I’ve always been fascinated with successful businesses and how they handle their marketing. From Google to YouTube stars, I’ve dedicated a significant portion of my life to studying how these companies and people conduct themselves on a day-to-day basis. My hope is that if I could crack their code and figure out what they have in common, I may be able to replicate their success someday.
Most of these companies and people share many commonalities. They obviously have talent, they work hard, and they have great ideas. Most of us could list off these traits without much thought.
However, when it comes to marketing, one thing I’ve noticed about the most successful companies time and time again is the consistency with which they convey their message to the public. This consistency is one of the most underrated and underappreciated skills in marketing.
Not every post they publish will be Pulitzer-Prize worthy. Not every online ad they create will be worthy of an Addy Award. These companies understand that this is irrelevant as long as they remain consistent with their marketing efforts.
We all want to believe that the very first post we publish or the very first video we share will bring us millions of leads, followers, and dollars, but the reality is that the vast majority of successful companies grow their audiences and influence over time by consistently engaging with their followers.
Here is a short exercise you can try. Set up an actual schedule of days and times you will post every week. Maybe on Tuesday and Thursday at 1 p.m. for video posts on Facebook and every single day for things like Insta Stories or Snapchat stories.
I am willing to bet that if you stick to a schedule similar to the one that I’ve outlined for a few months you will build up your following and influence dramatically. Contrast this with a company that maybe post once on a Saturday and then goes dark on their audience for a week or two, then posts again on some other random day, and continues this type of sporadic marketing for the same amount of time.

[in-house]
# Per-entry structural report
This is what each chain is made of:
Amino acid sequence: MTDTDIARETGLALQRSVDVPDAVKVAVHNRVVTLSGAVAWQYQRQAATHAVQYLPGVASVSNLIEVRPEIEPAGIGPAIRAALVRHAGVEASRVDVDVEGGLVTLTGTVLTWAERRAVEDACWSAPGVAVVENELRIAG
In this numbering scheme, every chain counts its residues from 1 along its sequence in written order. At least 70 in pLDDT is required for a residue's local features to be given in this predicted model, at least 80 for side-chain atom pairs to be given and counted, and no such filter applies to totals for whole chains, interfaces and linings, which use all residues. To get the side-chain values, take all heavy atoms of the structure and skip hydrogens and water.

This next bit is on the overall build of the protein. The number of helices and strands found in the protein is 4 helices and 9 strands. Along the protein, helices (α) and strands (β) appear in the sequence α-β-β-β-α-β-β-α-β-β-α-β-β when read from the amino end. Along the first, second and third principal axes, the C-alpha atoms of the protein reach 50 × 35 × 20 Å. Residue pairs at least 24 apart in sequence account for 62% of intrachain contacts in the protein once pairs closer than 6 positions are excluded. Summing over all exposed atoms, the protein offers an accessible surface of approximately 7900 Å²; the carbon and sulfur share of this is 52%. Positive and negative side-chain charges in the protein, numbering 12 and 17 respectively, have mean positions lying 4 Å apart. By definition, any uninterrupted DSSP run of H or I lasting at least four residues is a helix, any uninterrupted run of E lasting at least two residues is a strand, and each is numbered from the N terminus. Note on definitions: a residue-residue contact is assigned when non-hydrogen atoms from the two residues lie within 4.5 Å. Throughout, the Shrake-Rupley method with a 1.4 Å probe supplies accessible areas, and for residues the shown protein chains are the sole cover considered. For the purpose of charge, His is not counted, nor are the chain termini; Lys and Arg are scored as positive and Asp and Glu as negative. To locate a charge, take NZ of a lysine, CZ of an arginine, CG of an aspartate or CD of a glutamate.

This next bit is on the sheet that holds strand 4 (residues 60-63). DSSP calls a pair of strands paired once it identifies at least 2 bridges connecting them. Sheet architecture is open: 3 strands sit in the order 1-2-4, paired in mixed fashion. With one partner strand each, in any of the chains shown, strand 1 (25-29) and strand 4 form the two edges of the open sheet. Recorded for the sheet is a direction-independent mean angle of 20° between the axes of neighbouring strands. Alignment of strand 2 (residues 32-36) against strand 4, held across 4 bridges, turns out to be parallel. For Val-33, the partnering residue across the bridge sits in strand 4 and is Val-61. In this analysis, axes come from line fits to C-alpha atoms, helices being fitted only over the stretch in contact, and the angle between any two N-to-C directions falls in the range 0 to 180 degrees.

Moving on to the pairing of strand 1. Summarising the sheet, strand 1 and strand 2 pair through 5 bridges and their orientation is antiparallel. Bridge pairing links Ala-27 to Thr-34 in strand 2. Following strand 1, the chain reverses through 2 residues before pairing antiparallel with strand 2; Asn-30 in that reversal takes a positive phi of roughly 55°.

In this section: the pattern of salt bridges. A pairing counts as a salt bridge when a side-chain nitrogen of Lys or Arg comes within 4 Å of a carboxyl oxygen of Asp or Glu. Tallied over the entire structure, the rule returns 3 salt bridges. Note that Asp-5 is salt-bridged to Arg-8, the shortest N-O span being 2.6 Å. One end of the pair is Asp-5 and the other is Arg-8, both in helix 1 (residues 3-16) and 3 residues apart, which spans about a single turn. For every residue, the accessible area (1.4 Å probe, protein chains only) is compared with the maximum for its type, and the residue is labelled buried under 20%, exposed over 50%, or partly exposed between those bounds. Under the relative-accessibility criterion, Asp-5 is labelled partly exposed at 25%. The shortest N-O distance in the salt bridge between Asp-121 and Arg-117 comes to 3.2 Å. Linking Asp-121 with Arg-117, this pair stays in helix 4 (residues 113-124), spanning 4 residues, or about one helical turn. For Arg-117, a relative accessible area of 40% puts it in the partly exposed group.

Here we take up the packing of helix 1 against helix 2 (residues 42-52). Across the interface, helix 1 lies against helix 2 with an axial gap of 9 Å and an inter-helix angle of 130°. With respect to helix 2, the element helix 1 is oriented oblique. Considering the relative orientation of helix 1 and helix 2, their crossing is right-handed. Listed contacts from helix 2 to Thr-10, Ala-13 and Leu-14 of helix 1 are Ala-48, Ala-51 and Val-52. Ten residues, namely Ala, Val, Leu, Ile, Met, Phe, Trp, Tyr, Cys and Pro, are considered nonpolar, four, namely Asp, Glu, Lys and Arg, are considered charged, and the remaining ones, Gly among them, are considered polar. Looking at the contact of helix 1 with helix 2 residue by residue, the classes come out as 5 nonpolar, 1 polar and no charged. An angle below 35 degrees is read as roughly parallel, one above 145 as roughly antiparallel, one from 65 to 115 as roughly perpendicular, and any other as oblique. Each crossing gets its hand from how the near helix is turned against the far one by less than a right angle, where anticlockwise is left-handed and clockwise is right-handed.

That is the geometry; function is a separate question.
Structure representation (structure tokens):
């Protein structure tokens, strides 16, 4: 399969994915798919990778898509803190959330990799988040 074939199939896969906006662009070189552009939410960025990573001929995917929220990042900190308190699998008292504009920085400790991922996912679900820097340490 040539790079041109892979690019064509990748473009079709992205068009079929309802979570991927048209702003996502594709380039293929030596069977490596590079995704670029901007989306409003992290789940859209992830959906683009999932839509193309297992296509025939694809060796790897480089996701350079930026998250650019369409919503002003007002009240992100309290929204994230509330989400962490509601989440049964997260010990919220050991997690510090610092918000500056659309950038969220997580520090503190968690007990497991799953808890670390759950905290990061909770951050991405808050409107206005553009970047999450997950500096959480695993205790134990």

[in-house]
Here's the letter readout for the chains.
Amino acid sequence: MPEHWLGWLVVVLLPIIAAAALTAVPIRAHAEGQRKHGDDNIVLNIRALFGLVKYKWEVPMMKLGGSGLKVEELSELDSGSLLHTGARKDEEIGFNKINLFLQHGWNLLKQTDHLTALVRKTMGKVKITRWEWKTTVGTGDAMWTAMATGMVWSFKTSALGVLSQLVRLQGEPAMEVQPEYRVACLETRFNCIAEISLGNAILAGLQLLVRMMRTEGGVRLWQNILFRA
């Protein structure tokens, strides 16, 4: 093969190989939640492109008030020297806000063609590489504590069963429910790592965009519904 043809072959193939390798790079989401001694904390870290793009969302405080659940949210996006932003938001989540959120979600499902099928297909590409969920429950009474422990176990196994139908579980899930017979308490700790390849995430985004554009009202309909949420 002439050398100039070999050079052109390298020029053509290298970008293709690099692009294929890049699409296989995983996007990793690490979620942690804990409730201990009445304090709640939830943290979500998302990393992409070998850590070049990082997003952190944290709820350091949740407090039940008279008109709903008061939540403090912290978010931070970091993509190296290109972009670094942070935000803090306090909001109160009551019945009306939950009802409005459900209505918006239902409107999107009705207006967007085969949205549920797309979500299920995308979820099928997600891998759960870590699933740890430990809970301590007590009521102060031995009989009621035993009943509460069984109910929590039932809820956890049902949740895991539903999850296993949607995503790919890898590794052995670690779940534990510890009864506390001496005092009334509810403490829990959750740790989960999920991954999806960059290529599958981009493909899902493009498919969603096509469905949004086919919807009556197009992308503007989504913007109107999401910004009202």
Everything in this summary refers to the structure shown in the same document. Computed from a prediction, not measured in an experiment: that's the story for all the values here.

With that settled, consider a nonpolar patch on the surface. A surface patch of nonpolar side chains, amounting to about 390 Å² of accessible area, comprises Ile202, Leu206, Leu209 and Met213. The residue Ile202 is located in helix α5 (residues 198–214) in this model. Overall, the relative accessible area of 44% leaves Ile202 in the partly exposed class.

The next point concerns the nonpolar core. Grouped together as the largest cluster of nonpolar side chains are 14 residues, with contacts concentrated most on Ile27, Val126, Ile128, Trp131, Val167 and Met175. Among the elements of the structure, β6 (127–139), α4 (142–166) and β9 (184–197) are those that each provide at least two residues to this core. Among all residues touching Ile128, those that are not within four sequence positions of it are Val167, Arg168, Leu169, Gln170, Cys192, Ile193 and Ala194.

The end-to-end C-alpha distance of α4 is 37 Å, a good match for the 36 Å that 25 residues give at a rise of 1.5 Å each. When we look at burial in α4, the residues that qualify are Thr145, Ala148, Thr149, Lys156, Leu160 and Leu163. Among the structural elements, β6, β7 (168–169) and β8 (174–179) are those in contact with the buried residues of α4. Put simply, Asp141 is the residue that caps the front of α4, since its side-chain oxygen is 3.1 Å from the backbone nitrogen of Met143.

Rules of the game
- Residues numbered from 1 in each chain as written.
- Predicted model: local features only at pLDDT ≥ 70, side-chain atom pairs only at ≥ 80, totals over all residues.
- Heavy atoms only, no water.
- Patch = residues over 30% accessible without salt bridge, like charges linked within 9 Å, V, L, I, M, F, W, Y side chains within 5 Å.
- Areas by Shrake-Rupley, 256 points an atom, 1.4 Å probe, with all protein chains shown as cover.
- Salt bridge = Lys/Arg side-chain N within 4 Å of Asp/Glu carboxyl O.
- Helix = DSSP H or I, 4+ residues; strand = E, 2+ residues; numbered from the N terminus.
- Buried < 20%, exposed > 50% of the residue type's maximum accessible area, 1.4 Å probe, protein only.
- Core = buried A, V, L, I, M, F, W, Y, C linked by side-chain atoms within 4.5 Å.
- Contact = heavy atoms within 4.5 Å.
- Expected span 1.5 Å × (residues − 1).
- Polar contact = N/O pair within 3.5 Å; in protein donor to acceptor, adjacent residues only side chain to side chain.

After several months, I’m willing to bet this company’s following and influence would not have grown much, if at all. Your users are human after all, and humans love patterns, rhythm, and flow. These are things that being consistent will provide.
When the time comes for you and your company to discuss your marketing efforts, keep consistency in mind. Don’t aim to just produce that single, perfect post. Instead, decide to be prolific in your marketing efforts and structure a marketing schedule that keeps your audience engaged.
Things like competitor companies, family, friends, Netflix shows, YouTube videos, work, and several other things are all competing for the attention and time of your followers. If you don’t consistently engage them and communicate with them regularly you and your company run the risk of losing those relationships.